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Spotlight on Optics

Spotlight on Optics


  • June 2011

Optics InfoBase > Spotlight on Optics > Reflective afocal broadband adaptive optics scanning ophthalmoscope

Reflective afocal broadband adaptive optics scanning ophthalmoscope

Published in Biomedical Optics Express, Vol. 2 Issue 6, pp.1757-1768 (2011)
by Alfredo Dubra and Yusufu Sulai

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Spotlight summary: In this paper, Dubra and Sulai present an adaptive optics (AO) scanning ophthalmoscope design that implements nonplanar folding of the telescopes to reduce pupil and image plane astigmatism. This relatively simple alteration of optical design dramatically improves AO performance and therefore has the potential to influence design of any future AO retinal imaging system.
Besides introducing and implementing this optical design, the authors demonstrate very impressive images of the mosaic of the smallest foveal cone photoreceptors at a resolution not reported previously. These foveal cone photoreceptors were acquired simultaneously at 680 and 796 nm wavelengths. Additionally, the authors elaborate on the benefits of implementing logarithmic rather than linear intensity scales for displaying the cone photoreceptor mosaic.
Compared with previously reported AO-based scanning ophthalmoscopes that place reflective elements in one plane, folding of each reflective afocal telescope allowed reduction of the wavefront error and beam wandering due to optical scanning. It also provided diffraction-limited performance over a 3-diopter vergence supporting simultaneous diffraction-limited imaging of any combination of retinal layers in the 450–850-nm wavelength range.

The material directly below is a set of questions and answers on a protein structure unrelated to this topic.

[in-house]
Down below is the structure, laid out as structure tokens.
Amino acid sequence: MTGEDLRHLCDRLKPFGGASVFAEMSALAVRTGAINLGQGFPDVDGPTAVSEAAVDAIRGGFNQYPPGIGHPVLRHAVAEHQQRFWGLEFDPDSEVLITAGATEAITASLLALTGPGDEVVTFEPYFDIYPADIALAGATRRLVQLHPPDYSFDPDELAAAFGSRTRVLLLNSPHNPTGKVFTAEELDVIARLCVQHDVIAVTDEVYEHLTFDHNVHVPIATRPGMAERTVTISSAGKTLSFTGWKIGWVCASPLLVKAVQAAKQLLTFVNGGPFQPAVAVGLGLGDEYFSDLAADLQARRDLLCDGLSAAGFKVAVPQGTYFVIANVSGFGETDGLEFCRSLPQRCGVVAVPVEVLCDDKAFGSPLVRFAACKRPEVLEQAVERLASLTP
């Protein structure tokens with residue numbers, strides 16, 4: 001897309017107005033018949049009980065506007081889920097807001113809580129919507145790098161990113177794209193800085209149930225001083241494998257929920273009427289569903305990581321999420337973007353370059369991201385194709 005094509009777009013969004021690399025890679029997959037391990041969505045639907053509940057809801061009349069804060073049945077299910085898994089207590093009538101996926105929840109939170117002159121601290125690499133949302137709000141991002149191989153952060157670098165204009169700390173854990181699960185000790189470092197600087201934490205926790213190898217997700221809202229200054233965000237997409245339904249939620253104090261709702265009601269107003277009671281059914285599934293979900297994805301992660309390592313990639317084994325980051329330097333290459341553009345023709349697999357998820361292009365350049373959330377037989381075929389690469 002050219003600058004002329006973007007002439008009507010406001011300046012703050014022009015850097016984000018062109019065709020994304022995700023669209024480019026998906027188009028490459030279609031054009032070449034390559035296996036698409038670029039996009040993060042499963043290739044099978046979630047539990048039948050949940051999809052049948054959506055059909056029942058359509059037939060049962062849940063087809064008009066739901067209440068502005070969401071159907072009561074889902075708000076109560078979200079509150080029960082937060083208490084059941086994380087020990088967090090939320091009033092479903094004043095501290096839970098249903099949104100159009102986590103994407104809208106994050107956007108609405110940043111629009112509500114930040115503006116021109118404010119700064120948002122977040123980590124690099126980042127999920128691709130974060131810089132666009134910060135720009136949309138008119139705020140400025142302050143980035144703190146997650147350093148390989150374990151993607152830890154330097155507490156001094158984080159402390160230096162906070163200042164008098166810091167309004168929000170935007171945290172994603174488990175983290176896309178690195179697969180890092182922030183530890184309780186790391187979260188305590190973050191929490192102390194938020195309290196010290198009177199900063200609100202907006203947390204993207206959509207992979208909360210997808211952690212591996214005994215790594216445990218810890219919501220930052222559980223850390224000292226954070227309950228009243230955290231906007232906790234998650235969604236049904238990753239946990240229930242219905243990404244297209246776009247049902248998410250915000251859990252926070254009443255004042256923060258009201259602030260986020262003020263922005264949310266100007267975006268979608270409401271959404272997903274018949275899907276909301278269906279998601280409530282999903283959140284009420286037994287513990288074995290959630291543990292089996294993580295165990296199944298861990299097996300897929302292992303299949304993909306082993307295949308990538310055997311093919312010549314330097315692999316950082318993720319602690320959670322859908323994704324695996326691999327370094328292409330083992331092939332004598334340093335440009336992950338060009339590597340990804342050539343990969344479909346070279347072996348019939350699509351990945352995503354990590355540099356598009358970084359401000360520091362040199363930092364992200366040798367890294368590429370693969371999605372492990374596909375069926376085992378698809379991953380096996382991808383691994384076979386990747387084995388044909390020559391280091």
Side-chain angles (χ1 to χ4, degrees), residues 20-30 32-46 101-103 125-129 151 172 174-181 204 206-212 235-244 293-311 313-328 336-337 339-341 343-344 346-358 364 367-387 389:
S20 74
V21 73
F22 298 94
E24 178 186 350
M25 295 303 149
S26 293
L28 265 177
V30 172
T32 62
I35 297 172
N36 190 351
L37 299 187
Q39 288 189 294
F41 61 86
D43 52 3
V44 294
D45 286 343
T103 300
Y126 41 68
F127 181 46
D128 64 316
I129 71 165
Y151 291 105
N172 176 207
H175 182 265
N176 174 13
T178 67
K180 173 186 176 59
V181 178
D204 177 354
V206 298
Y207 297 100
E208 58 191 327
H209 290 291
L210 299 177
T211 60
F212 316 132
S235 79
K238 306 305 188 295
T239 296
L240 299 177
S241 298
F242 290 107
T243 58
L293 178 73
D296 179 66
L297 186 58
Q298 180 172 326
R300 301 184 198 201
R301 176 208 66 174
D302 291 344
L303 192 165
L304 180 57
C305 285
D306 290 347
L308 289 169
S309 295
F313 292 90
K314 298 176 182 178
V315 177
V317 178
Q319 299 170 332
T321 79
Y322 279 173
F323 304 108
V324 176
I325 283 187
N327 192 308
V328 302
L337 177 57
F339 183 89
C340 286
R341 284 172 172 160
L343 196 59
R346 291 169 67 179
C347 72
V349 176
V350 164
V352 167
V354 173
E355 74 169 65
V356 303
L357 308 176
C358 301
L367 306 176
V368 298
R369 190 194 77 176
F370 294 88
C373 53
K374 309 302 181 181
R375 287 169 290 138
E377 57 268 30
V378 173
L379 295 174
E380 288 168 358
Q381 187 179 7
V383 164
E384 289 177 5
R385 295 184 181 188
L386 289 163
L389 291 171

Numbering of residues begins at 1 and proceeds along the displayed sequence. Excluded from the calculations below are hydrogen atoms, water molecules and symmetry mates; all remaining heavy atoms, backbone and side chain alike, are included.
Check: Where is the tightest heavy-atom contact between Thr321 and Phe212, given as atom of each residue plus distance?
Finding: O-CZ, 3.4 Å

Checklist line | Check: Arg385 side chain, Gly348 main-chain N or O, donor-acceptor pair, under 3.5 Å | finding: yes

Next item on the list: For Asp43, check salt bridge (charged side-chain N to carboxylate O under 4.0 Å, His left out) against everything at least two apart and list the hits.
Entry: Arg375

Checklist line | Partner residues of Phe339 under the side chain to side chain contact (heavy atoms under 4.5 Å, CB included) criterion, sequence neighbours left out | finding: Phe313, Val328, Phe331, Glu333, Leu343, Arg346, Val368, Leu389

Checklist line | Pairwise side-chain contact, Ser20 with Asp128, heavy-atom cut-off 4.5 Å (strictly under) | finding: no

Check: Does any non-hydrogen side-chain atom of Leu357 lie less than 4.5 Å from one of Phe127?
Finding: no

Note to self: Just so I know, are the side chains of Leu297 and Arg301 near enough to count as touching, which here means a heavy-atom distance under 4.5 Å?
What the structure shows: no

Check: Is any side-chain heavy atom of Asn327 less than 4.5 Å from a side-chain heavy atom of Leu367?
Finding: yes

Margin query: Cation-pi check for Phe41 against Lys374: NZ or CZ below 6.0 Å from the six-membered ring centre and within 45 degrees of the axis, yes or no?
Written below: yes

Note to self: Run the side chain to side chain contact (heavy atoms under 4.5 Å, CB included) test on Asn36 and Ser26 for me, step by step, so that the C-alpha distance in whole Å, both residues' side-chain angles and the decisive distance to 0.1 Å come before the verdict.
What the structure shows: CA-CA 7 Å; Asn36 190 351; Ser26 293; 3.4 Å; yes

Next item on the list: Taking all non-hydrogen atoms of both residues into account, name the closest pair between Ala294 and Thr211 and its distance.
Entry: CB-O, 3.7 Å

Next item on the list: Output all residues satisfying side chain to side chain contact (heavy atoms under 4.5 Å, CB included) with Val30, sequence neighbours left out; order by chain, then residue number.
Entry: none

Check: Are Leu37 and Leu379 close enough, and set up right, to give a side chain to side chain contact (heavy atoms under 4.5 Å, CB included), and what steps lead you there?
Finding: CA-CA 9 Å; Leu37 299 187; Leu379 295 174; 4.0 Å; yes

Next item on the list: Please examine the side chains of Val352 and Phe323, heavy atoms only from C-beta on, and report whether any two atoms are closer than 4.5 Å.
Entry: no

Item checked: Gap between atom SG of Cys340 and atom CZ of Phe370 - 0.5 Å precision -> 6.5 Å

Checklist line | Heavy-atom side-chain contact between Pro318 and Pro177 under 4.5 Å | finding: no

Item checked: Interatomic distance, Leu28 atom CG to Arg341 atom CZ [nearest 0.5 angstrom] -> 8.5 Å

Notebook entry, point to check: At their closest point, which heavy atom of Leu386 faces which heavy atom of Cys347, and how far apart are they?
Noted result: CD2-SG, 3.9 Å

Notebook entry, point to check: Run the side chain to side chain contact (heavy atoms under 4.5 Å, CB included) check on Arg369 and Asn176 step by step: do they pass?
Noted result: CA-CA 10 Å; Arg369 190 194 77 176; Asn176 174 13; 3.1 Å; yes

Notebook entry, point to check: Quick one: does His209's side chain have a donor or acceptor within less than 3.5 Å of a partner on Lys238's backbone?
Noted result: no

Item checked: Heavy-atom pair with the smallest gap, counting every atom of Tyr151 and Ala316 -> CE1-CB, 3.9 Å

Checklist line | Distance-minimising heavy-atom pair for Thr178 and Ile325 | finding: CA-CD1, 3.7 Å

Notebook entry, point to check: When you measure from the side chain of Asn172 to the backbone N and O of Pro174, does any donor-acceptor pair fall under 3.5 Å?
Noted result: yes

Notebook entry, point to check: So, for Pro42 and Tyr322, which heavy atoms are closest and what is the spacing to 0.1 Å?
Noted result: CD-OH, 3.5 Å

The broadband nature of this AO scanning ophthalmoscope and its potential still remain to be explored as the authors present images acquired at two wavelengths only. One can imagine, however, as is pointed out by the authors, that several retinal imaging modalities, including optical coherence tomography, multispectral and hyperspectral imaging, as well as single-photon and multiphoton fluorescence could clearly benefit from implementation of this design. Thus the full potential of this novel design will be unfolded as it will be used by groups working on retinal imaging systems implementing these modalities.
In summary, the nonplanar arrangement of reflecting afocal telescopes should become a new standard for AO scanning ophthalmoscopes as well as other cellular resolution retinal imaging modalities that will result in improved image quality of retinal cellular structures.

--Robert J. Zawadzki

ToC Category: Ophthalmology Applications
OCIS Codes: (170.4460) Medical optics and biotechnology : Ophthalmic optics and devices
(170.4470) Medical optics and biotechnology : Ophthalmology
(080.4035) Geometric optics : Mirror system design
(110.1080) Imaging systems : Active or adaptive optics

Posted on June 08, 2011

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